3 Lessons From Women About Money

By Victoria Ferguson, CFP® , Financial Advisor    |   Behavioral Finance, Investing

March is Women’s History Month, and we’re here to shine a spotlight on our female dentists!

Considering that women weren’t allowed to have their own bank accounts or credit cards until 50 years ago, let’s take a minute to applaud the influence they’ve established in today’s economy. Within dentistry, for example, more than 50% of dental school graduates are now women. At Dentist Advisors, we’ve also seen our female clientele skyrocket over the last few years.

While each woman is on her own financial journey, we have enough years’ worth of data to show us where women tend to do better when it comes to money. Here’s three examples we can all learn from:

Lesson #1: Women favor more liquidity.

Women are more likely to hold higher levels of cash in their portfolio. Liquidity preserves optionality and alleviates the threat of being backed into a corner. 

There are two main reasons to hold cash: 

  1. An emergency fund for both your business and at home
  2. Any short-term project coming up in your practice or personal life

At Dentist Advisors, we recommend carrying 3-6 month’s worth of your average living expenses in your Personal Emergency Fund. If you are a practice owner, you’ll want to have 1-2 month’s worth of your business overhead in your Business Emergency Fund. 

Short-term projects may include a big home project or a large practice investment coming up in the next 1-2 years. It may even involve plans to hire an associate. Cash can be a good thing to have piled up when you have a known purchase or investment with a defined timeline.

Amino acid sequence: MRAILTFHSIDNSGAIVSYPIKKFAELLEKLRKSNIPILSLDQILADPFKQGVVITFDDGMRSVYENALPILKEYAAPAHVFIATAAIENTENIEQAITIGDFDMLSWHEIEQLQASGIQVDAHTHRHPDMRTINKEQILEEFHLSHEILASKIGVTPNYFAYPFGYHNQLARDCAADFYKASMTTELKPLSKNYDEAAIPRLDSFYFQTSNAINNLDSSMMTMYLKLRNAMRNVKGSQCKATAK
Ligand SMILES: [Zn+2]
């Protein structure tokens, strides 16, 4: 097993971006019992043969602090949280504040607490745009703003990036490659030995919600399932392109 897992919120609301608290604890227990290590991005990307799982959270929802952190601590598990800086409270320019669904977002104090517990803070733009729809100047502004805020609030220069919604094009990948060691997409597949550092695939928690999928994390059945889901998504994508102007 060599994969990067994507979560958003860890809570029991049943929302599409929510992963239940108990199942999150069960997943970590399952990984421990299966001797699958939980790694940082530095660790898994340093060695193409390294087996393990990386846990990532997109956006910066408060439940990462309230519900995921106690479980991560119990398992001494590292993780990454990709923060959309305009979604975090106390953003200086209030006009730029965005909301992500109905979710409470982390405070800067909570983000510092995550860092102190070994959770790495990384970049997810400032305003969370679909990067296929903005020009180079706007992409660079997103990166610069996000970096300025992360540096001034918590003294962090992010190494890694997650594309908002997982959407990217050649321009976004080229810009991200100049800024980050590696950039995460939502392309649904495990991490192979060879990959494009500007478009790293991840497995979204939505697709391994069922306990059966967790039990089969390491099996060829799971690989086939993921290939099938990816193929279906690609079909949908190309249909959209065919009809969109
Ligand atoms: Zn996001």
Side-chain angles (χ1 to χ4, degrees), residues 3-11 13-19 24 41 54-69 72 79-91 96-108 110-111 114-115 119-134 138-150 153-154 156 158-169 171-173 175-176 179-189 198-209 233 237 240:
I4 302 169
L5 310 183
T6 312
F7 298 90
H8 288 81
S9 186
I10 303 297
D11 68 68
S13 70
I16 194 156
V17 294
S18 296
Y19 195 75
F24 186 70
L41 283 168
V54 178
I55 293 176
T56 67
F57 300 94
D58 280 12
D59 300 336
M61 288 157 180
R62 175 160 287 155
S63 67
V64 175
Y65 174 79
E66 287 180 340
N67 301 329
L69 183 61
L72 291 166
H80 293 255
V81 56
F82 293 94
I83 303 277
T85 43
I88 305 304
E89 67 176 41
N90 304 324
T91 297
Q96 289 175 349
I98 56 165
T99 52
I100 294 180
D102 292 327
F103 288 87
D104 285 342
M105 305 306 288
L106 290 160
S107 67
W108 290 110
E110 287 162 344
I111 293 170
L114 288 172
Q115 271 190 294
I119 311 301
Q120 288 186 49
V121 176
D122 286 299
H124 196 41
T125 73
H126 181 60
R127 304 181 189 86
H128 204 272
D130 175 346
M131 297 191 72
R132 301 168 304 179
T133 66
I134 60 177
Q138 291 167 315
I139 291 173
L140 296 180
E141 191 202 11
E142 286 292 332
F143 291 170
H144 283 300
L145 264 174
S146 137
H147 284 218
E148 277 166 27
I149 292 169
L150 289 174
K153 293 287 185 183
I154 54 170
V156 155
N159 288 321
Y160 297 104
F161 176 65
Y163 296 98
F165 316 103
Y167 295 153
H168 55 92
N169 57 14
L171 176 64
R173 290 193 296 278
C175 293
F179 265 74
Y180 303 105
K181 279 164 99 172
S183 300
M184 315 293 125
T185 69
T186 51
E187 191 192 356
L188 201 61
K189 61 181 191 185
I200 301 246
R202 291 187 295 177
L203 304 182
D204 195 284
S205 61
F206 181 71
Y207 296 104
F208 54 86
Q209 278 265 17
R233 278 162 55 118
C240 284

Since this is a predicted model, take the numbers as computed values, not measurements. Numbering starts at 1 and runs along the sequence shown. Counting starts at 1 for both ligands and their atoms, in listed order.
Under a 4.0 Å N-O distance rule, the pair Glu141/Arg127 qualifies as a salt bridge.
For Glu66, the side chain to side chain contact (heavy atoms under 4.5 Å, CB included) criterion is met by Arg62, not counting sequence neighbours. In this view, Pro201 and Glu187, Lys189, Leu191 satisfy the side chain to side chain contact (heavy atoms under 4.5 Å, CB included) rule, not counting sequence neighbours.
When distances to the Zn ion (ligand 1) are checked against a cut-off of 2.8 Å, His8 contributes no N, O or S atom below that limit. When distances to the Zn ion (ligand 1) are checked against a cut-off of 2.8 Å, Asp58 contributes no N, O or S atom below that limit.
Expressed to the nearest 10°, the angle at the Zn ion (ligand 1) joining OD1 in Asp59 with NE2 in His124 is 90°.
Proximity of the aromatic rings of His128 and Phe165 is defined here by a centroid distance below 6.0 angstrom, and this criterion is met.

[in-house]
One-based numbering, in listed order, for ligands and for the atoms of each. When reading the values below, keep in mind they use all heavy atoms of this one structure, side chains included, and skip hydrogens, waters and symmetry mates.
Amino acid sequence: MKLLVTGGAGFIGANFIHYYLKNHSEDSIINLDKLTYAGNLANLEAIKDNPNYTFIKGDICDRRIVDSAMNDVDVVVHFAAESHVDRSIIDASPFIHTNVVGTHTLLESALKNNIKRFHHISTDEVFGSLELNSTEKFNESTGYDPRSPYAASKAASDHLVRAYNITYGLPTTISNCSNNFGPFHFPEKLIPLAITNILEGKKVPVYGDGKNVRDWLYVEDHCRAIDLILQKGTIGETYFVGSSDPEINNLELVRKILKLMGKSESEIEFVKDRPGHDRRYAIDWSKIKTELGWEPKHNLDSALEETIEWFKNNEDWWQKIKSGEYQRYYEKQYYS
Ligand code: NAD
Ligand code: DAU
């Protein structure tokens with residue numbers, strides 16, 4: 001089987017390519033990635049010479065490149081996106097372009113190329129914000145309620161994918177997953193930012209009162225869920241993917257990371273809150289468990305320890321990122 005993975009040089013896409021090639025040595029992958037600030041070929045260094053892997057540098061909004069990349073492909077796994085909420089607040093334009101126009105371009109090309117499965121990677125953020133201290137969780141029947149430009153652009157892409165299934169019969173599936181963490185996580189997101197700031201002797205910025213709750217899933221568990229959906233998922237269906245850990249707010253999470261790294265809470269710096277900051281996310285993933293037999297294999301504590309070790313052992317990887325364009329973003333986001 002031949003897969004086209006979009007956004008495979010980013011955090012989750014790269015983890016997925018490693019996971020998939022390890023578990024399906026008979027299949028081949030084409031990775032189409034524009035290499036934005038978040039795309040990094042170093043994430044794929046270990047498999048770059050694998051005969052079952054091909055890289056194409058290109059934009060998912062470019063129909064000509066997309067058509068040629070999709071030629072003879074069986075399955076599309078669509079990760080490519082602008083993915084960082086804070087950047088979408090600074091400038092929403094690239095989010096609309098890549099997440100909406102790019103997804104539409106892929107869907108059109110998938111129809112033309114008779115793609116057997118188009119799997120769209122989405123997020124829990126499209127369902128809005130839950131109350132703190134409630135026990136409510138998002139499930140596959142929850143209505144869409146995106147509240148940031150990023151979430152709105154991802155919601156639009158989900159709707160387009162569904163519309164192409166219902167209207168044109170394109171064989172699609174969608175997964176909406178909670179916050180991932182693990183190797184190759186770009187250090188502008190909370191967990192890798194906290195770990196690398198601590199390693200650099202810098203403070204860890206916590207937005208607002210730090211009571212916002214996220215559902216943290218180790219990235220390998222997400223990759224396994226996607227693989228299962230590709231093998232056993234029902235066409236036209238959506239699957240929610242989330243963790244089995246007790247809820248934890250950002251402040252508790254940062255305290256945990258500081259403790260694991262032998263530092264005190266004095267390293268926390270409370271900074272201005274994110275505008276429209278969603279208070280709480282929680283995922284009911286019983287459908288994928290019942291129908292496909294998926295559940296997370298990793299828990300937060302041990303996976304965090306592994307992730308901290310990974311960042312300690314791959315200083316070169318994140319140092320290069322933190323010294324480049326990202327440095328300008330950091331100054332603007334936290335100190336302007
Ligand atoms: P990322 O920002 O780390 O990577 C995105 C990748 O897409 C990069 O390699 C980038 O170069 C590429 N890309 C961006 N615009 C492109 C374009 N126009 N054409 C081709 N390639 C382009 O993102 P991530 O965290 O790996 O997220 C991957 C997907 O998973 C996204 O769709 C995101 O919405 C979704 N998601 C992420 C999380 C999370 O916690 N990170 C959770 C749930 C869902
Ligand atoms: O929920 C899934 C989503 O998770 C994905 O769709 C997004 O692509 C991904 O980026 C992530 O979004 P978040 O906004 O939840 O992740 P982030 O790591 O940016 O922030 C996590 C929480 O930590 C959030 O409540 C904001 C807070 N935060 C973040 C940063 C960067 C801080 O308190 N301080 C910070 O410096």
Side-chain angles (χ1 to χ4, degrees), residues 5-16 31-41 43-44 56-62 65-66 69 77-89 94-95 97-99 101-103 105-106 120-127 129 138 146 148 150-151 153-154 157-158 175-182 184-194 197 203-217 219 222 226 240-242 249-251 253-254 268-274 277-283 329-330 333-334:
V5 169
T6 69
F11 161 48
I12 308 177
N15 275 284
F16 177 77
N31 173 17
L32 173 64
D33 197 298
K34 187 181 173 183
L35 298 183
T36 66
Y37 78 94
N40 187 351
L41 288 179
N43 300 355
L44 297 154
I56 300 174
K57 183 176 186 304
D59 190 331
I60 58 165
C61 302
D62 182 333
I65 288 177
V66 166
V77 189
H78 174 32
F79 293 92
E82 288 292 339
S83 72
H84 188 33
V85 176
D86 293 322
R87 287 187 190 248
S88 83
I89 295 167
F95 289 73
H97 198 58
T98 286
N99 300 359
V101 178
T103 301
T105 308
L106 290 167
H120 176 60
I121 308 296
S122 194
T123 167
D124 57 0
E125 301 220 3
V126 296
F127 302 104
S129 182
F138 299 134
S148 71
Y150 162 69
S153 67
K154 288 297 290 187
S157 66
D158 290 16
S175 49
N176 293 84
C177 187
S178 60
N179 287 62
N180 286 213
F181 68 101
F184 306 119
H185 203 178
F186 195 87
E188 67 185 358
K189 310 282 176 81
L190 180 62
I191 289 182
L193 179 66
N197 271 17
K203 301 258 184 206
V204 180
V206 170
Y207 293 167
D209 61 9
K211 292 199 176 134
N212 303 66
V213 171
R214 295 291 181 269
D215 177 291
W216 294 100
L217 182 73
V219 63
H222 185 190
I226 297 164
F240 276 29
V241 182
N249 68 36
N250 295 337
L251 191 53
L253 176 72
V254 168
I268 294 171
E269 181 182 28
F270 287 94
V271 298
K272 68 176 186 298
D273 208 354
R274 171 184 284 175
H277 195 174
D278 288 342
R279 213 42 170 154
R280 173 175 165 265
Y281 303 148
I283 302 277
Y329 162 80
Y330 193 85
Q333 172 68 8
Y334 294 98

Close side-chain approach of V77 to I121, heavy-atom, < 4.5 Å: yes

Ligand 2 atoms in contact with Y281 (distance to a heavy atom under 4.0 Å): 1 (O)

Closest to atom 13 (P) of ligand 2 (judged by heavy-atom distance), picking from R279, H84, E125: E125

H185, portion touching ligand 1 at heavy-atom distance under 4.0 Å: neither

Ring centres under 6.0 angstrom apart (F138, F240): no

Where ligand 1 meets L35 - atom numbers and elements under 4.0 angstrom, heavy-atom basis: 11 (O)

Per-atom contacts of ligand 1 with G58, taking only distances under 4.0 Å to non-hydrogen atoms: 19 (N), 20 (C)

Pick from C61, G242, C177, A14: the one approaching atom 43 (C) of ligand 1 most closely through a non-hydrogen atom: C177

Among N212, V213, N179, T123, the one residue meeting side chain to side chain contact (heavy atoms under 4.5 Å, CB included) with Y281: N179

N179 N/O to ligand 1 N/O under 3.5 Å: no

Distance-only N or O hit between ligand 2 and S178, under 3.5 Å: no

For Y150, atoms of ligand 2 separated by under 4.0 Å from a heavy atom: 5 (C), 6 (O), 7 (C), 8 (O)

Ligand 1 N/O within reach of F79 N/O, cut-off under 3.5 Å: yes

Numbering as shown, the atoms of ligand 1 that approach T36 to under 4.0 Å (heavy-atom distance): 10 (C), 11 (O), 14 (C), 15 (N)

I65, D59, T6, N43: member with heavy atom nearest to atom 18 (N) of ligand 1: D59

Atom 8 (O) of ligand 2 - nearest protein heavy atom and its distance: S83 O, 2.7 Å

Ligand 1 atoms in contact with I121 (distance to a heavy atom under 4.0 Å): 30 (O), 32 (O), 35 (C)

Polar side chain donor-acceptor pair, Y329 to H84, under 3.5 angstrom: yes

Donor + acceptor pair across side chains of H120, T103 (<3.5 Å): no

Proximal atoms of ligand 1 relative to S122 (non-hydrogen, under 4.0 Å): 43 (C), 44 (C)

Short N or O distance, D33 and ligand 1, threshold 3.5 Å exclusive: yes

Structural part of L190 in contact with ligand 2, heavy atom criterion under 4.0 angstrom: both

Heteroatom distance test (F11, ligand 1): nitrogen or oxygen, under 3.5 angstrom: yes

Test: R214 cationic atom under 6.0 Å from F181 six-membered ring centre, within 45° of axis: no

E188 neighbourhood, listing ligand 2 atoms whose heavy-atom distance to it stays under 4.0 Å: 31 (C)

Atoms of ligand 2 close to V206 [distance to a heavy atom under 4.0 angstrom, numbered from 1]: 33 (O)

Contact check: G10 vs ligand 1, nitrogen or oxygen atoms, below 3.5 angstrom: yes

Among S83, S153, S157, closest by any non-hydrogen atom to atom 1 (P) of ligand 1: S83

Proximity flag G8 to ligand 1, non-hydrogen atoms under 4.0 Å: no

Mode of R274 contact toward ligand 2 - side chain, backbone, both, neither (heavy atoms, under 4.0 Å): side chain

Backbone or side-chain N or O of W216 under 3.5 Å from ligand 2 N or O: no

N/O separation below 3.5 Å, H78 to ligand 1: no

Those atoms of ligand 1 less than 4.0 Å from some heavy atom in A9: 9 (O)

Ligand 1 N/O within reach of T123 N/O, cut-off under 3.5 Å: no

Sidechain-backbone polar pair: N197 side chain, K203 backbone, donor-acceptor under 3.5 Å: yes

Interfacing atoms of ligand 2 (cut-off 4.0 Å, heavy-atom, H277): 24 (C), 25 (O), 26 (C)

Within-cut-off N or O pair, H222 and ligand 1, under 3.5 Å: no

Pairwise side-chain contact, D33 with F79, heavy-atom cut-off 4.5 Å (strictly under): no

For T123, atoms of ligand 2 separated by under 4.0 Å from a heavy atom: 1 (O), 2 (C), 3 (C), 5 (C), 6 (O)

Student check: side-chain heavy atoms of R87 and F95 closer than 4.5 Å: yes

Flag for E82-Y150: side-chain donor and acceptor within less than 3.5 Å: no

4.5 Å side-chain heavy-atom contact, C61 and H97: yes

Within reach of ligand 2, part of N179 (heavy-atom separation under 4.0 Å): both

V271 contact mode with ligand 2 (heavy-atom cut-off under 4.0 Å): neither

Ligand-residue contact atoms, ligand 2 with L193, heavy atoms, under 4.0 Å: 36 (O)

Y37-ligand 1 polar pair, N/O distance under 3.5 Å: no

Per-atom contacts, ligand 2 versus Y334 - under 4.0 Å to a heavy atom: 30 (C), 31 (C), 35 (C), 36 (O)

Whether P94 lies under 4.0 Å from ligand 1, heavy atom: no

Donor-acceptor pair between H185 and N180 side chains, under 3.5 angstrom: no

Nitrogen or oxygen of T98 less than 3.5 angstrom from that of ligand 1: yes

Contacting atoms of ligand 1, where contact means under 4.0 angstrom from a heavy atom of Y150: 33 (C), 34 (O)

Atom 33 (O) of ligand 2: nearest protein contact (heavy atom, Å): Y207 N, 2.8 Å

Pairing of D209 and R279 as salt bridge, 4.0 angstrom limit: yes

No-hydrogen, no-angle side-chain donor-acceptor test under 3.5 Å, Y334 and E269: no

As with most things in personal finance, there’s a balance. Not carrying enough cash puts you at risk, but carrying too much cash inhibits financial growth. High levels of cash in a portfolio is called “cash drag”. The excess cash you carry above what you need isn’t benefiting from potential investment returns. While it’s healthy to maintain a certain level of cash reserves for upcoming projects and rainy days, it’s not uncommon for women to carry too much cash and experience cash drag. According to BlackRock, men are “more likely to hold stocks than women and have less of their assets in low-return cash (60% of the portfolio for men vs. 71% for women)”.

Women are more likely to carry more cash than they need to and are half as likely to invest than men. However, when they do invest, they tend to be really good at it. Women outperform their male counterparts by 0.5%-1% in average annual returns. Why is this?

Lesson #2: Women keep their cool.

Women are less likely to mess with their investing strategy once it’s set. Men are more likely to pause their retirement contributions and withdraw money from the stock market. For those who have managed to stay the course, the markets have returned about 10% per year on average over the last hundred years. 

Whether female investors know this or not, they are getting investing right. They stay calm and continue to invest even when the markets are volatile. An additional 1% of investment returns may not seem like a lot but it is. Let’s look at an example.